Essential Garden Tools

Essential Garden Tools

Essential garden tools - header image

As the garden is currently in the process of springing into life and we have 'work' to do, it might be a good idea to have a look at some of the essential garden tools for vegetable growing. We supply a broad range of options for almost any job but, in truth, there is quite a short list of the things you can't do without and, in my opinion, they are as follows:

Trowel in soil with spinach seedlings

A good trowel
A trowel will be your number one tool for planting, harvesting and weeding - so it makes sense to get the best one you can afford. The options are steel, stainless steel, or copper, with the price increasing as you go through the list. 

Your trowel will become your best friend, so a comfortable tool is important (I prefer a wooden handle) as well as good blade design (I find soil annoyingly sticks to blades that are too curved).

Although they are pricey, copper trowels come highly recommended. A copper trowel:

  • Won't rust
  • Will have sharper and sleeker edges
  • Is made from a single piece of metal so won't snap (there is no weld between the shaft and the blade which can be a weak point
  • Apparently it is better for your soil and may even deter slugs (although these effects are largely anecdotal and somewhat unproven)

Knee pads or a kneeler cushion.
Unless you have titanium knees I would strongly recommend knee protection, as you spend so much time on them and comfort is often the difference between an enjoyable task and a chore. 

Each to their own here: Niall prefers knee pads while I use a kneeler cushion. Either way protect those knees, especially when you are getting a bit creaky like us.

Weeding and Digging Hoes
I am not sure what the criteria is for obtaining hoe status, but we have a number of very different tools in this category covering both digging and weeding hoes. 

As you will know if you are a regular reader, I find the oscillating hoe (above) the best tool for weeding. It is sharp and accurate and, once you get the hang of it, probably the easiest and most comfortable to use. If you have a garden of any size, comfort is important, especially something that slides through the ground easily.

Fork Hoe

A digging hoe refers to a tool like the Canterbury fork hoe above, where the blade is fixed at right angles to the shaft. The advantage of this design is that the angled blade provides leverage; the working action is to 'throw' the blade into the ground a bit like using an axe and pushing the handle forward to break open the ground. 

These tools are predominantly used for clearing ground (there is nothing better), but I use the relatively light fork hoe above for weeding where it is extremely effective at removing deep root perennial weeds.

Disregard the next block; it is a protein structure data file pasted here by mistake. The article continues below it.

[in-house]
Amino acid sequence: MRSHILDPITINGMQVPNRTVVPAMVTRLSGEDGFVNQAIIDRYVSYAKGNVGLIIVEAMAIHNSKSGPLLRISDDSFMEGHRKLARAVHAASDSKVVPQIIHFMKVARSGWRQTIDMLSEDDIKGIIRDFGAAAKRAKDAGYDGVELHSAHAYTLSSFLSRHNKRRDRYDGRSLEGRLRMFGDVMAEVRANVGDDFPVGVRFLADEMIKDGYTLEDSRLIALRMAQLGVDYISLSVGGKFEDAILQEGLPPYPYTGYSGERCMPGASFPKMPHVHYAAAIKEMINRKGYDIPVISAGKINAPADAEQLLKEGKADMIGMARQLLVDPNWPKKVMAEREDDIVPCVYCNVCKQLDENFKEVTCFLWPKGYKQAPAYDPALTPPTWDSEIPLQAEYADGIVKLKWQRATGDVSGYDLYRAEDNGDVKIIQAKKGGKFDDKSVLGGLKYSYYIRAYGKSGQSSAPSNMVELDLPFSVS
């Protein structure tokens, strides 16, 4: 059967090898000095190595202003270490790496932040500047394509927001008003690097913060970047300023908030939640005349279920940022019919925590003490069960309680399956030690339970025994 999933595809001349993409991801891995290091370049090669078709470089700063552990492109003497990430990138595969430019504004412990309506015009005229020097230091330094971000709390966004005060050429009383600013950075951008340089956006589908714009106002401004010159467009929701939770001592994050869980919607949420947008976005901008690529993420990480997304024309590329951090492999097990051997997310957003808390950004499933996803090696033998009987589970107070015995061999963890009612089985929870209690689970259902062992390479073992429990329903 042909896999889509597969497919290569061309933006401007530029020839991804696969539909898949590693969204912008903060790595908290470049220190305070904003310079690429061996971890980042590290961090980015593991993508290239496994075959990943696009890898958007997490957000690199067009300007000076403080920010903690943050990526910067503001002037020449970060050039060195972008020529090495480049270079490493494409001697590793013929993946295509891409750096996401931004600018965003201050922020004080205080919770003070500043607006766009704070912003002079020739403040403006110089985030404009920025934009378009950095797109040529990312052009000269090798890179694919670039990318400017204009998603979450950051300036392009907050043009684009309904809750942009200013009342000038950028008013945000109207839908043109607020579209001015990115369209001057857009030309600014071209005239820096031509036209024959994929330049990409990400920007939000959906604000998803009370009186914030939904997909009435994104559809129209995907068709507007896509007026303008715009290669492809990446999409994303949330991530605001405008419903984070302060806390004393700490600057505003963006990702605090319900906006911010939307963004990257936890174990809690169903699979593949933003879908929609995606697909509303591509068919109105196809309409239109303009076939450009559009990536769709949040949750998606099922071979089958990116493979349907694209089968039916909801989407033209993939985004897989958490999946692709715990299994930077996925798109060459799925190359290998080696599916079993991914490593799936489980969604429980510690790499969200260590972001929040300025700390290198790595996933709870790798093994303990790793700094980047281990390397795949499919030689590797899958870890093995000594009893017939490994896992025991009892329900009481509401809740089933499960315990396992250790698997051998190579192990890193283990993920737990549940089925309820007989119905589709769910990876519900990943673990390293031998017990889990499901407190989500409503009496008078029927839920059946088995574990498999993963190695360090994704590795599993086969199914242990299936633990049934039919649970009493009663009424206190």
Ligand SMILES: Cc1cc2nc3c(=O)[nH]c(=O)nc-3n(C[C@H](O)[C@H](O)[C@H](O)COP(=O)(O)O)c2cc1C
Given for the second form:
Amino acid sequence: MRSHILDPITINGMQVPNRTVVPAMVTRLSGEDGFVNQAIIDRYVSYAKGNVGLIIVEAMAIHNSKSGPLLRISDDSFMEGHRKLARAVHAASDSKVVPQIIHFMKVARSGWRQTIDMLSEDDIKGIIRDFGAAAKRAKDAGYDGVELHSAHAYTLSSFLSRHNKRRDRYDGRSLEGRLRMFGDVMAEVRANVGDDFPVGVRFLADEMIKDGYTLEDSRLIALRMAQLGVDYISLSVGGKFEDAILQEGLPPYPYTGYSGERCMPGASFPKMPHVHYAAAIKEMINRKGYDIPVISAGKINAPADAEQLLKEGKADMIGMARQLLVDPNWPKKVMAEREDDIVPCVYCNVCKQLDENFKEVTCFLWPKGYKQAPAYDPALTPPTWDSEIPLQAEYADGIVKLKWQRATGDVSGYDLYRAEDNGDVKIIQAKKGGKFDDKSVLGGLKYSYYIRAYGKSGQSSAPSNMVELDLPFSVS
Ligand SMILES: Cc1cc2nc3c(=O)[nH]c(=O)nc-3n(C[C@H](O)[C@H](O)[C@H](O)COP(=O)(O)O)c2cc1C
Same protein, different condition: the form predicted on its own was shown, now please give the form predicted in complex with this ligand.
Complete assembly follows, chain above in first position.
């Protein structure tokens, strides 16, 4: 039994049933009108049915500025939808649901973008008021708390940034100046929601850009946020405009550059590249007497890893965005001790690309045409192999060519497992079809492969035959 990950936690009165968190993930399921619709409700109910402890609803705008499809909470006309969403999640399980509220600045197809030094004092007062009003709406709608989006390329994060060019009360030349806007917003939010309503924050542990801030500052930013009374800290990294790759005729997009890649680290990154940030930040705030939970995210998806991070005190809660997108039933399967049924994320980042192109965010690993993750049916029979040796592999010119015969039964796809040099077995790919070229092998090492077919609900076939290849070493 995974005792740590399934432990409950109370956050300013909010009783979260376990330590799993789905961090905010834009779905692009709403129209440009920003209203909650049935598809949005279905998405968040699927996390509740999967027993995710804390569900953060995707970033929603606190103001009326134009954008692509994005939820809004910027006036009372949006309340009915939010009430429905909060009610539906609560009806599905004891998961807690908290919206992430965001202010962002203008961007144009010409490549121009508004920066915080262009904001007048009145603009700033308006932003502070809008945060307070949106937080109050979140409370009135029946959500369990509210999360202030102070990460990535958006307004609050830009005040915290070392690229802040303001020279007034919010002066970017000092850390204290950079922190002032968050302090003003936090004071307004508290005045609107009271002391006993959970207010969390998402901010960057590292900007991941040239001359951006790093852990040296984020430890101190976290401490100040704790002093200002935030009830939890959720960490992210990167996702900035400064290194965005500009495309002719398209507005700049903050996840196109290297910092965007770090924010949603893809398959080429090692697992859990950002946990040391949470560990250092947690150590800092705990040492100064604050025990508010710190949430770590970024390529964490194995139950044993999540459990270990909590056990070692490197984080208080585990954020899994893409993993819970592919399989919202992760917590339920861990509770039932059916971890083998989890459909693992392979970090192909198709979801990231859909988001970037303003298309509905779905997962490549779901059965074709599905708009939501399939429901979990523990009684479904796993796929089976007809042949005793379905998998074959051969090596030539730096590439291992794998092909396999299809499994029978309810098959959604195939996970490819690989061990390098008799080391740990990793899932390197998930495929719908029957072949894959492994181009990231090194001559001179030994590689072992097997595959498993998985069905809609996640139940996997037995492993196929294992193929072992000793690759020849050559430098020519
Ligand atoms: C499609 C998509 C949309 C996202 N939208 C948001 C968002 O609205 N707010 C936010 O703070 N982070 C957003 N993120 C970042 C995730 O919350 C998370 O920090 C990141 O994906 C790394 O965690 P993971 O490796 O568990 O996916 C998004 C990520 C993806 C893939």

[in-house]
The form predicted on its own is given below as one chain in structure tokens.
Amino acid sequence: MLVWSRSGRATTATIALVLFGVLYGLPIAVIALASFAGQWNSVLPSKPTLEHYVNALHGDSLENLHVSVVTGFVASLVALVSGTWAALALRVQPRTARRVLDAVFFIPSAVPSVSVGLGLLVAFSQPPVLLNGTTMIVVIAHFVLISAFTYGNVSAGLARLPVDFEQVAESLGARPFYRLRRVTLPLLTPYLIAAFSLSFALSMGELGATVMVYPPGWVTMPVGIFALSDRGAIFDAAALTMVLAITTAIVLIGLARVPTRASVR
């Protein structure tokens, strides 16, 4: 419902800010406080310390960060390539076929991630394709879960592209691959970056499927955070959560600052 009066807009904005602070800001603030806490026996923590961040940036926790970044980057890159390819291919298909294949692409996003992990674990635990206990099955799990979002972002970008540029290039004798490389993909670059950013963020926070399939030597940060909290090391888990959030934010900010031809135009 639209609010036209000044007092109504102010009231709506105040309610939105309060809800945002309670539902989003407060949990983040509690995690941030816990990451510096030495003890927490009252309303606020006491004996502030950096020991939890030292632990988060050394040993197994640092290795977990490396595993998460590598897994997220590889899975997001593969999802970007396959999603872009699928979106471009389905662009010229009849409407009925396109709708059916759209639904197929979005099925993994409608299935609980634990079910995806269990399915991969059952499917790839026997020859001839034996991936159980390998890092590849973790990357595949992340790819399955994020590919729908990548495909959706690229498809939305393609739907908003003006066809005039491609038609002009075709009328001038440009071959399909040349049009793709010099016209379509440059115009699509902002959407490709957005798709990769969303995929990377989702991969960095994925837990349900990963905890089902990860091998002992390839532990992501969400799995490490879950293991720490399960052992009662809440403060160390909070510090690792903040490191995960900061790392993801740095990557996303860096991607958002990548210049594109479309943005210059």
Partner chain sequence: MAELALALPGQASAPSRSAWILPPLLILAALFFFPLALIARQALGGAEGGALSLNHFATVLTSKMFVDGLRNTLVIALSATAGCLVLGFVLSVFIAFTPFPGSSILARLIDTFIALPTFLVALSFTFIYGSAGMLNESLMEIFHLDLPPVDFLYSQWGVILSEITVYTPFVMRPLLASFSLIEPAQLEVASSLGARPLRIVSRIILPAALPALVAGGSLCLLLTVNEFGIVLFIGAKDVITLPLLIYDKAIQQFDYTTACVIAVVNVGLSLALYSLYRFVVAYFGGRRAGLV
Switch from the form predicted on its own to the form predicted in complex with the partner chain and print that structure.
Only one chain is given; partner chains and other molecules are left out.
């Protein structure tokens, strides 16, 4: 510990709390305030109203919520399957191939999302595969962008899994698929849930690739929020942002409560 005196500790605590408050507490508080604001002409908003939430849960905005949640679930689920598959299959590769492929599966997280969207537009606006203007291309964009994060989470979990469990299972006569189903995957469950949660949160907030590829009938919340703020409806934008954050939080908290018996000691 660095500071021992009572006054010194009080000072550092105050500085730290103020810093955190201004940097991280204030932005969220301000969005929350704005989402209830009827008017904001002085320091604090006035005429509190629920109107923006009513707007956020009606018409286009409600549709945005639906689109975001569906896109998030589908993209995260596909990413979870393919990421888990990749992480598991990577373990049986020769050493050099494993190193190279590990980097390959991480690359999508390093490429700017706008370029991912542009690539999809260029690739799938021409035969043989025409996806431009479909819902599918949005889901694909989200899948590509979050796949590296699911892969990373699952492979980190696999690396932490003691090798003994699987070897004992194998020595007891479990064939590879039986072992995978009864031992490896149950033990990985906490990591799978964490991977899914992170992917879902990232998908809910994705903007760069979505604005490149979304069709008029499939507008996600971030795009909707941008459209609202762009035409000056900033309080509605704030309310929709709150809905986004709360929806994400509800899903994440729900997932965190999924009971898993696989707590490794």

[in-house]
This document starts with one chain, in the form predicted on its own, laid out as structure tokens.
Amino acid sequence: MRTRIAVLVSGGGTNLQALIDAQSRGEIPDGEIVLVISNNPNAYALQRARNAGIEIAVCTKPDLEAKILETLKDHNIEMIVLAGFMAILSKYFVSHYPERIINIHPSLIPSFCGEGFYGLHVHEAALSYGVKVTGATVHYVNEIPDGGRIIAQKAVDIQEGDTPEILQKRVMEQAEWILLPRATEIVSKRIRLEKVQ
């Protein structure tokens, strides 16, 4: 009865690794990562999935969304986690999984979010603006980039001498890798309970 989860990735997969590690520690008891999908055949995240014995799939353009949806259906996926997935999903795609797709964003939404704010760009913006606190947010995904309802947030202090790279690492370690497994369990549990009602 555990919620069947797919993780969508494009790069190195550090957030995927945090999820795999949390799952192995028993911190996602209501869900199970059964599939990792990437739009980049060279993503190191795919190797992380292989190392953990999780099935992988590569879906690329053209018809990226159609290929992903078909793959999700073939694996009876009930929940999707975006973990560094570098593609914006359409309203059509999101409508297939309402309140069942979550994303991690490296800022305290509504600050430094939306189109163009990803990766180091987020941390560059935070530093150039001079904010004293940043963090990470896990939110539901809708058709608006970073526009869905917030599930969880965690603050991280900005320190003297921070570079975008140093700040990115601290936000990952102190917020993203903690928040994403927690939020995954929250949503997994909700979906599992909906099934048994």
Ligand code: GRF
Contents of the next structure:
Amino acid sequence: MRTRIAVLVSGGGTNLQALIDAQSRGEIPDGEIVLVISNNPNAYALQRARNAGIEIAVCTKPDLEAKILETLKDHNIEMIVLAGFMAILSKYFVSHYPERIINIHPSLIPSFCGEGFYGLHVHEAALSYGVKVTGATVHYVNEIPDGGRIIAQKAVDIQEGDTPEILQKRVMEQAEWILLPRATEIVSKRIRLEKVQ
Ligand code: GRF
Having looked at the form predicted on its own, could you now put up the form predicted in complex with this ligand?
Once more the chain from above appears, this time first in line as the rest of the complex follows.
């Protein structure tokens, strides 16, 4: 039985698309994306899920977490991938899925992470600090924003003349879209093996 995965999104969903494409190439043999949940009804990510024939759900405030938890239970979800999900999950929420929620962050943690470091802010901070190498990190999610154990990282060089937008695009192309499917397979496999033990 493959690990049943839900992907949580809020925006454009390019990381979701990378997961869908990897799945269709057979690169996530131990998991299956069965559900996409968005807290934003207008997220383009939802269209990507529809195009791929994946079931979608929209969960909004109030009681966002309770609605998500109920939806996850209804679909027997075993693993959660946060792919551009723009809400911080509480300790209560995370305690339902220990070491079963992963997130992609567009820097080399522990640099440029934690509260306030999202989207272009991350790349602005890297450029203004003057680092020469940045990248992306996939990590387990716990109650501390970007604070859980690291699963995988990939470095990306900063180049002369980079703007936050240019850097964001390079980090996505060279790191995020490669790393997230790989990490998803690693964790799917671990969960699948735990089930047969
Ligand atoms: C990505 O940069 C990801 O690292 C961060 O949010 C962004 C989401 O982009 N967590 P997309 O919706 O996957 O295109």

Chillington Ridging hoe tool

The Chillington Ridging Hoe (Azada) With Handle

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The other dual purpose digging hoe is the trenching hoe above, which is designed for making seed drills to sow into. I guess this is more for a larger garden, but it's a very versatile tool nonetheless. It can be used for digging and is very good for weeding paths: both for sliding through the gravel and using the point to hoik out stubborn roots.

For heavy duty clearing I would use a hoe with a large blade such as the Heavy Duty Hoe

A manure fork
The difference between a manure fork and a digging fork is that the manure fork has very sharp, widely-spaced curved prongs, while a digging fork is more rigid and compact. 

This makes a massive difference when loading or spreading bulky material like seaweed, manure or compost: the sharp tines slip easily into the pile when lifting, and slide off without sticking when spreading. Anyone who is familiar with this difference will know exactly what I mean.

As per many previous articles, bulky organic matter of various types should form the cornerstone of your garden; so if you don't need a manure fork, you're not gardening properly ;)

A sharp digging spade
While you are better keeping digging to a minimum, a sharp spade is handy for chopping plant material before adding to the compost heap (it will make it break down quicker) and for keeping grass edges etc. neat and tidy. 

If you don't use a spade that much you are better with a stainless steel blade, because a rusty steel blade is rough - which makes the soil stick to it. A steel blade is stronger however, and will stay bright with regular use: so your choice will depend on how you garden.

Again it depends on the size of your garden and whether you are into growing fruit, but a good secateurs is another worthwhile purchase. A cheap one is fine for basic jobs around the vegetable garden, like clearing spent pea and bean vines or chopping stalks for the compost. 

For pruning fruit bushes or roses however, a proper high-quality tool will give you a cleaner cut, as well as being easier on your hands and wrist. My absolute favourite is the incredibly sharp Japanese steel ARS range of secateurs.

Rowena Cade sitting in a wheelbarrow

I think it is pretty obvious that for anything but a small urban garden, a wheelbarrow is standard equipment. I don't have anything new to add, other than I find the deeper ones better both for filling and for sitting in! A trick I learned when working as a landscaper is to tip the wheelbarrow on it's handles and use it as a surprisingly comfortable seat.

That's not me in the barrow above obviously, but it is Rowena Cade who built the incredible Minack theatre on the edge of a Cornish cliff, a place I used to frequent when I attended art college nearby. An astonishing story and a spectacular place. We are straying off the point now but you can take a break from me trying to sell you tools now if you like and read about Rowena Cade by clicking  here.